In 2009, Smith pleaded guilty to a seemingly minor charge of campaign malfeasance and earned himself a year and one day in Kentucky’s FCI Manchester. Mr. Smith Goes to Prison is the fish-out-of-water story of his time in the big house; of the people he met there and the things he learned: how to escape the attentions of fellow inmate Cornbread and his friends in the Aryan Brotherhood; what constitutes a prison car and who’s allowed to ride in yours; how to bend and break the rules, whether you’re a prisoner or an officer. And throughout his sentence, the young Senator tracked the greatest crime of all: the deliberate waste of untapped human potential.
Smith saw the power of millions of inmates harnessed as a source of renewable energy for America’s prison-industrial complex, a system that aims to build better criminals instead of better citizens. In Mr. Smith Goes to Prison, he traces the cracks in America’s prison walls, exposing the shortcomings of a racially-based cycle of poverty and crime that sets inmates up to fail. Speaking from inside experience, he offers practical solutions to jailbreak the nation from the financially crushing grip of its own prisons and to jumpstart the rehabilitation of the millions living behind bars.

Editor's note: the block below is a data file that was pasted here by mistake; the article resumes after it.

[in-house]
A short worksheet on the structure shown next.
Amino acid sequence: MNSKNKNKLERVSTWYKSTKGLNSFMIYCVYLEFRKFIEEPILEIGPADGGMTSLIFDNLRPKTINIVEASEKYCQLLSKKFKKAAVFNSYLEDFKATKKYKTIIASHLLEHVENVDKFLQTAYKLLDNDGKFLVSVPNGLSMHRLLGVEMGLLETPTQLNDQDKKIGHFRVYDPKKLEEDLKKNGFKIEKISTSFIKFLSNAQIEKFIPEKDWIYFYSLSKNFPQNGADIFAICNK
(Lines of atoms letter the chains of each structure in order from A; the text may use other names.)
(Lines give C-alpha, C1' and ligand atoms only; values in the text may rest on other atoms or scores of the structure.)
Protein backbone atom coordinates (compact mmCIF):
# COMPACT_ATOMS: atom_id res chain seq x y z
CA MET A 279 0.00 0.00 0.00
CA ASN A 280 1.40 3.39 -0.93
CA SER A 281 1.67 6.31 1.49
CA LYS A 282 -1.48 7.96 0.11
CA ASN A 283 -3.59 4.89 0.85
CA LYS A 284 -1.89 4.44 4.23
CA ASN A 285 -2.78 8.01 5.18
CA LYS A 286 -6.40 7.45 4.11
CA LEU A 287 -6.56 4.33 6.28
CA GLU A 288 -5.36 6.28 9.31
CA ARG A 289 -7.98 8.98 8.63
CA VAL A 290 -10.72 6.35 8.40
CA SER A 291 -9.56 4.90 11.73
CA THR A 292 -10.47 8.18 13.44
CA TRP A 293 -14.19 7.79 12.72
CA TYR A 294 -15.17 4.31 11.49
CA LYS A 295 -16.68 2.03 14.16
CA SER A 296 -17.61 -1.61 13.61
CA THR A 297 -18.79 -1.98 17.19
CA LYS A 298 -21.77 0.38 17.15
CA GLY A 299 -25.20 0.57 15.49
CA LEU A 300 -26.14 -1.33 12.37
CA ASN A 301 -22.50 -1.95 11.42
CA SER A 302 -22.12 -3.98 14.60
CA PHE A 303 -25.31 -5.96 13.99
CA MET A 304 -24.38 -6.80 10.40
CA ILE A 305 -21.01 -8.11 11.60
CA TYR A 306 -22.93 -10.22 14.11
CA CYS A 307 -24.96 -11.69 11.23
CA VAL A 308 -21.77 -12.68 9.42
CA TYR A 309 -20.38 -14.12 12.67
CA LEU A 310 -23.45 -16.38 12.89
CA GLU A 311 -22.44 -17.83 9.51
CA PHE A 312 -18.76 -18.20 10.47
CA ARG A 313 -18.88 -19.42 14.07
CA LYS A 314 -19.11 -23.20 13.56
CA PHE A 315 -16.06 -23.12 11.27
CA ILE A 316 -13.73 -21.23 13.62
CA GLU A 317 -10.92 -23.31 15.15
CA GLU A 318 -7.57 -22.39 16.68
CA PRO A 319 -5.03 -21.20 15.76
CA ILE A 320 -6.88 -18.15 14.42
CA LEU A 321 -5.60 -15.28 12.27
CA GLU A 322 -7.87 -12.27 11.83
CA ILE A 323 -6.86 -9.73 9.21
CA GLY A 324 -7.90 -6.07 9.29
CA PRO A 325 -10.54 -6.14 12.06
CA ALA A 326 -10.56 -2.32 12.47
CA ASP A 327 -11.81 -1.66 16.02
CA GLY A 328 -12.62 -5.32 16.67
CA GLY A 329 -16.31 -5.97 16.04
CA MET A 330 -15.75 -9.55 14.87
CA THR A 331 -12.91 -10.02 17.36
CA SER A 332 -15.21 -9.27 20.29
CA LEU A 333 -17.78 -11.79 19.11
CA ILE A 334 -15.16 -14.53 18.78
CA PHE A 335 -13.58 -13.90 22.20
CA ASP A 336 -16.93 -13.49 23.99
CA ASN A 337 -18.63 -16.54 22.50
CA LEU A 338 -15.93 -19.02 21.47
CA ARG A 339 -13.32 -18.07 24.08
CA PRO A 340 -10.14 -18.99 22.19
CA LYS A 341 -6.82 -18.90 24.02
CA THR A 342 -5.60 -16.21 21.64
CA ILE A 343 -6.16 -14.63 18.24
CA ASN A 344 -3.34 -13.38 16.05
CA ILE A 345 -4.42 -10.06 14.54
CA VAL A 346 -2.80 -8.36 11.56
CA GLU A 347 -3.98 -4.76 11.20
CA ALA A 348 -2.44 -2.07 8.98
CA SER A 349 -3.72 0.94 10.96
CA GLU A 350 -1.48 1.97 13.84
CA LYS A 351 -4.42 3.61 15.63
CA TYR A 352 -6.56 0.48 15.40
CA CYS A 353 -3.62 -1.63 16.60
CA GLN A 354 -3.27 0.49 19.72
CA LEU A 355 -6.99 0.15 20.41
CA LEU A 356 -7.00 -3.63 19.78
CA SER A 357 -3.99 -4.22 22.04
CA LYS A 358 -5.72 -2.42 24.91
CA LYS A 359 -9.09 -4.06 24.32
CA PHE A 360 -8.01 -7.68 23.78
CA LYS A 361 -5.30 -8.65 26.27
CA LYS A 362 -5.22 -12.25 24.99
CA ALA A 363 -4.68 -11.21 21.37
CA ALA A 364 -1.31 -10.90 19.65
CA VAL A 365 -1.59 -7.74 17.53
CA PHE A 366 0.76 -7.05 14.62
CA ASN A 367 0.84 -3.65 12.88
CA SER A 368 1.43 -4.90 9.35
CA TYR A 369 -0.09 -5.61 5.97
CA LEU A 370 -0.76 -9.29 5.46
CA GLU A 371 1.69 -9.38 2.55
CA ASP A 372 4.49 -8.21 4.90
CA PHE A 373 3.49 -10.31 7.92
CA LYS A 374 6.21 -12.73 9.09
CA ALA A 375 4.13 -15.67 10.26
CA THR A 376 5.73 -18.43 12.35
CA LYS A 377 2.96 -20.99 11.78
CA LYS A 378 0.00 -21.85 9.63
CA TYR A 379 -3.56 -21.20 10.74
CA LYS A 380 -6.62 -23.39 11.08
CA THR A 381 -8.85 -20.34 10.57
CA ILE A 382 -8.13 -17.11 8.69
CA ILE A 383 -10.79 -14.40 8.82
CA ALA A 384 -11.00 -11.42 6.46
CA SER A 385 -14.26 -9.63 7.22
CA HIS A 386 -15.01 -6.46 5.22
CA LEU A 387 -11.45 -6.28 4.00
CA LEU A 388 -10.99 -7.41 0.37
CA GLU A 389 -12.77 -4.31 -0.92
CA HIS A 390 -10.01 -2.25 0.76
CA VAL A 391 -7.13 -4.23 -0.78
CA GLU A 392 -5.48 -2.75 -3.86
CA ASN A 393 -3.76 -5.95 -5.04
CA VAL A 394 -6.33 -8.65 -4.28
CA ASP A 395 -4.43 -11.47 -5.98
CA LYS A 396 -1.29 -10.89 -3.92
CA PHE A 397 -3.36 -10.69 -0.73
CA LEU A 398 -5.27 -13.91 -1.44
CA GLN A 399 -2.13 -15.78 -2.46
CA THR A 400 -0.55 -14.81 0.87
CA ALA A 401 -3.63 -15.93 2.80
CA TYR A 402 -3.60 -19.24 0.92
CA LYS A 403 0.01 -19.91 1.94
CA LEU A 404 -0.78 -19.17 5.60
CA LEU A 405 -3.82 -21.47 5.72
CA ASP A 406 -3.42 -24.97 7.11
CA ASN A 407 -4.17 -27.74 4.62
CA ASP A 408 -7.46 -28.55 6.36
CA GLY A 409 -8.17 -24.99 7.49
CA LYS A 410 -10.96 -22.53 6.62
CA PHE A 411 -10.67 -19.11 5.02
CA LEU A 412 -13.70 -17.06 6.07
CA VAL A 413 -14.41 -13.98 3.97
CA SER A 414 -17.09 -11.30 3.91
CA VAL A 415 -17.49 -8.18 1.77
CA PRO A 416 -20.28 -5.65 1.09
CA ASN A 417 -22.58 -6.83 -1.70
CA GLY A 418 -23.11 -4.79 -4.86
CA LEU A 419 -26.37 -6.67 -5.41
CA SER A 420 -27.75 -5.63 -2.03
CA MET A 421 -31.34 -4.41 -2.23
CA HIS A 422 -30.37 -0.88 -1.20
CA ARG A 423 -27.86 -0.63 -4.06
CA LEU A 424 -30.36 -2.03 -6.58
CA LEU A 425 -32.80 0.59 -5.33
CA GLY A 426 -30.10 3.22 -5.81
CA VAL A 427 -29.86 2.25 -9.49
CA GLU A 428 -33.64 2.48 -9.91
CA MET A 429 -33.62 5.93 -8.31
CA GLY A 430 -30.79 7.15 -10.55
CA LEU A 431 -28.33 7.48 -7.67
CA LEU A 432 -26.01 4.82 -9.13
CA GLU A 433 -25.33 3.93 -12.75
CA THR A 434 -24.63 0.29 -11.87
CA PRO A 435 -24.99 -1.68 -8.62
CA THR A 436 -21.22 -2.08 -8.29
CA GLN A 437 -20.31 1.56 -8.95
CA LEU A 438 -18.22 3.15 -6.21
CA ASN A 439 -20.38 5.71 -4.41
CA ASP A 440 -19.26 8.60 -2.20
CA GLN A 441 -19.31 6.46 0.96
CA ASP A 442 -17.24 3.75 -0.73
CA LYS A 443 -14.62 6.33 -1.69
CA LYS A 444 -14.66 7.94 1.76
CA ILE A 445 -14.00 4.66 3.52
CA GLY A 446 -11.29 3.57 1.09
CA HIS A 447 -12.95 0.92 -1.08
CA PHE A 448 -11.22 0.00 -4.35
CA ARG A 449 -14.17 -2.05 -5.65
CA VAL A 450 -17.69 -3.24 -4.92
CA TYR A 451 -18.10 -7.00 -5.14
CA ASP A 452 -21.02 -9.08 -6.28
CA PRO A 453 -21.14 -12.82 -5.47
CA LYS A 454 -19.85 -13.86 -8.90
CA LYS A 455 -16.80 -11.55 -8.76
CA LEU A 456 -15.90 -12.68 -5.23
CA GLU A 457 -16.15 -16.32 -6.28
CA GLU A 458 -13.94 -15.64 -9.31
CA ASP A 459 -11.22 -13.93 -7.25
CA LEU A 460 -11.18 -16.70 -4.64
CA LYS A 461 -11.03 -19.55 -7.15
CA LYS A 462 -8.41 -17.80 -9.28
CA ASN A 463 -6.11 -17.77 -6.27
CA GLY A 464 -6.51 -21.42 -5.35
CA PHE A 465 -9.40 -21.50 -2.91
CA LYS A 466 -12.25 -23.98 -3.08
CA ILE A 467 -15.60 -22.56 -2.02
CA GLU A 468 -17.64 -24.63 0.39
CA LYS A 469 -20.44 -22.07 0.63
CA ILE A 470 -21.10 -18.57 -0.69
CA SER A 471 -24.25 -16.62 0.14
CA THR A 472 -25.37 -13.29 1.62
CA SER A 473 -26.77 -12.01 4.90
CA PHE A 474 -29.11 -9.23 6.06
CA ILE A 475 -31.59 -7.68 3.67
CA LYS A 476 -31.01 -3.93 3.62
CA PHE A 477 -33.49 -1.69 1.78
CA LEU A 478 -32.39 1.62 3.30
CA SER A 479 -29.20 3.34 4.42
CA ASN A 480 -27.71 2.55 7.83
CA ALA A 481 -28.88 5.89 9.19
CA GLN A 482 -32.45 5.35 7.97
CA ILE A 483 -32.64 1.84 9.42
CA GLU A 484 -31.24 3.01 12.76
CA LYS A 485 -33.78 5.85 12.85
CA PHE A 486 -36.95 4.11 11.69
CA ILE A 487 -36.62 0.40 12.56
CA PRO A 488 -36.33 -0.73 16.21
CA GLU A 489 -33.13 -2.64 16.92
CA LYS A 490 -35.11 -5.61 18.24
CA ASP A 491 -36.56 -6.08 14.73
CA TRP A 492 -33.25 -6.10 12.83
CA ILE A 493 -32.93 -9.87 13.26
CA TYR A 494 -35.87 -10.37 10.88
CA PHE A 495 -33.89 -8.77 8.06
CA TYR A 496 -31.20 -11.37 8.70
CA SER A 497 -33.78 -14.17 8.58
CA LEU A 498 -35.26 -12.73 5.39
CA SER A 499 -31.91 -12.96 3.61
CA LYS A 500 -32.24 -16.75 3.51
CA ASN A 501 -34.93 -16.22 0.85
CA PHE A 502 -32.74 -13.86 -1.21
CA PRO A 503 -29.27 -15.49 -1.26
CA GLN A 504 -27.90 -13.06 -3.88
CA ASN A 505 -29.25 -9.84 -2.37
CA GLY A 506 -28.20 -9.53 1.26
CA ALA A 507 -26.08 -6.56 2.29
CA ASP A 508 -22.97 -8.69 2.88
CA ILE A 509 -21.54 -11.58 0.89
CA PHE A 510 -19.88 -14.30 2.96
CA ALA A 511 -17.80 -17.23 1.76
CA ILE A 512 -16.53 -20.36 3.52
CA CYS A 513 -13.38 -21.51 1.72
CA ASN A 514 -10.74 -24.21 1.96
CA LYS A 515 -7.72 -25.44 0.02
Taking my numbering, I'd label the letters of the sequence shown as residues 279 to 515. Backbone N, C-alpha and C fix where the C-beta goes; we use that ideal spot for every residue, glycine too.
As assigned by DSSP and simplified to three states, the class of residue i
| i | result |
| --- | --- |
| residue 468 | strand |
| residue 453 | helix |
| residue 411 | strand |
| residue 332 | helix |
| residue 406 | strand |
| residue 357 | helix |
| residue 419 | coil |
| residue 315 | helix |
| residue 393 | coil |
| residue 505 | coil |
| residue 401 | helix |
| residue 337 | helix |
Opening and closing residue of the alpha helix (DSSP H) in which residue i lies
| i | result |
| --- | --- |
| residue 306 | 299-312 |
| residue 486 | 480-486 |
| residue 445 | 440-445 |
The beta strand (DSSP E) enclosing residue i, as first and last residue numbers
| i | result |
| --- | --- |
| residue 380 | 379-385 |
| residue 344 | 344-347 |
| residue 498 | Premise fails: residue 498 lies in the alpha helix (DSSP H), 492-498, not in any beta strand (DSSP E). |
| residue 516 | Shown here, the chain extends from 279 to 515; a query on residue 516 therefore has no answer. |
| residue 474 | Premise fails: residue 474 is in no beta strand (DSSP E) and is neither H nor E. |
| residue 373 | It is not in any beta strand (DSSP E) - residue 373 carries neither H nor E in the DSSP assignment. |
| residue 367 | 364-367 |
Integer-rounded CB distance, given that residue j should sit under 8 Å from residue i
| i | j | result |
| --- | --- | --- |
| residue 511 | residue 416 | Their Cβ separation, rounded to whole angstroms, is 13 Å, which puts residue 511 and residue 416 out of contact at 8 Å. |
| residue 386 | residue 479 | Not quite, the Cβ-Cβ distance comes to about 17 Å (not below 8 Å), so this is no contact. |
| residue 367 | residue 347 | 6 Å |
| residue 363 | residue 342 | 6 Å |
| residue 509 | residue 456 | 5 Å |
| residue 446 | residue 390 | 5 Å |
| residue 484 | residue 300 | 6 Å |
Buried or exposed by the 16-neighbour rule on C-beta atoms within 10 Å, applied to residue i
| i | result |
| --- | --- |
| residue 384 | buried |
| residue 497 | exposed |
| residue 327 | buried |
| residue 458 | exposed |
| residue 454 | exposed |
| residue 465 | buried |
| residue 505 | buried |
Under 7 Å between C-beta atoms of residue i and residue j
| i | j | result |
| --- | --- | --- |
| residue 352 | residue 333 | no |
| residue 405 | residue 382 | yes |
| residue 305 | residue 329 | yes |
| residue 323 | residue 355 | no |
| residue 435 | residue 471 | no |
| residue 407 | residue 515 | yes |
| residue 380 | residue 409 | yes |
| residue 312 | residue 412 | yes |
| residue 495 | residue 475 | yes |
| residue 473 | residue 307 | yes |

"Jeff Smith takes us inside the prison experience like never before. You feel like you're inside the walls with him, living the gritty, scary, and tragic reality of prison life."—Touré
"Mr. Smith Goes to Prison joins Michelle Alexander's The New Jim Crow as essential reading on America's greatest failure: our prison system. I was transfixed by this book: a middle-class white politician goes to prison for some hard time and turns out to be a great writer and a keen observer and interpreter of all he sees. Anyone who wants to work on fixing the prison system ought to start by reading this riveting book."—Howard Dean
"Well-written and insightful, Mr. Smith Goes to Prison asks us to question the way opportunity and punishment are apportioned in our society . . . This book and this story are great platforms to better understand the way our justice system works and what can be done to address its fissures."—Wes Moore, New York Times bestselling author of The Other Wes Moore and The Work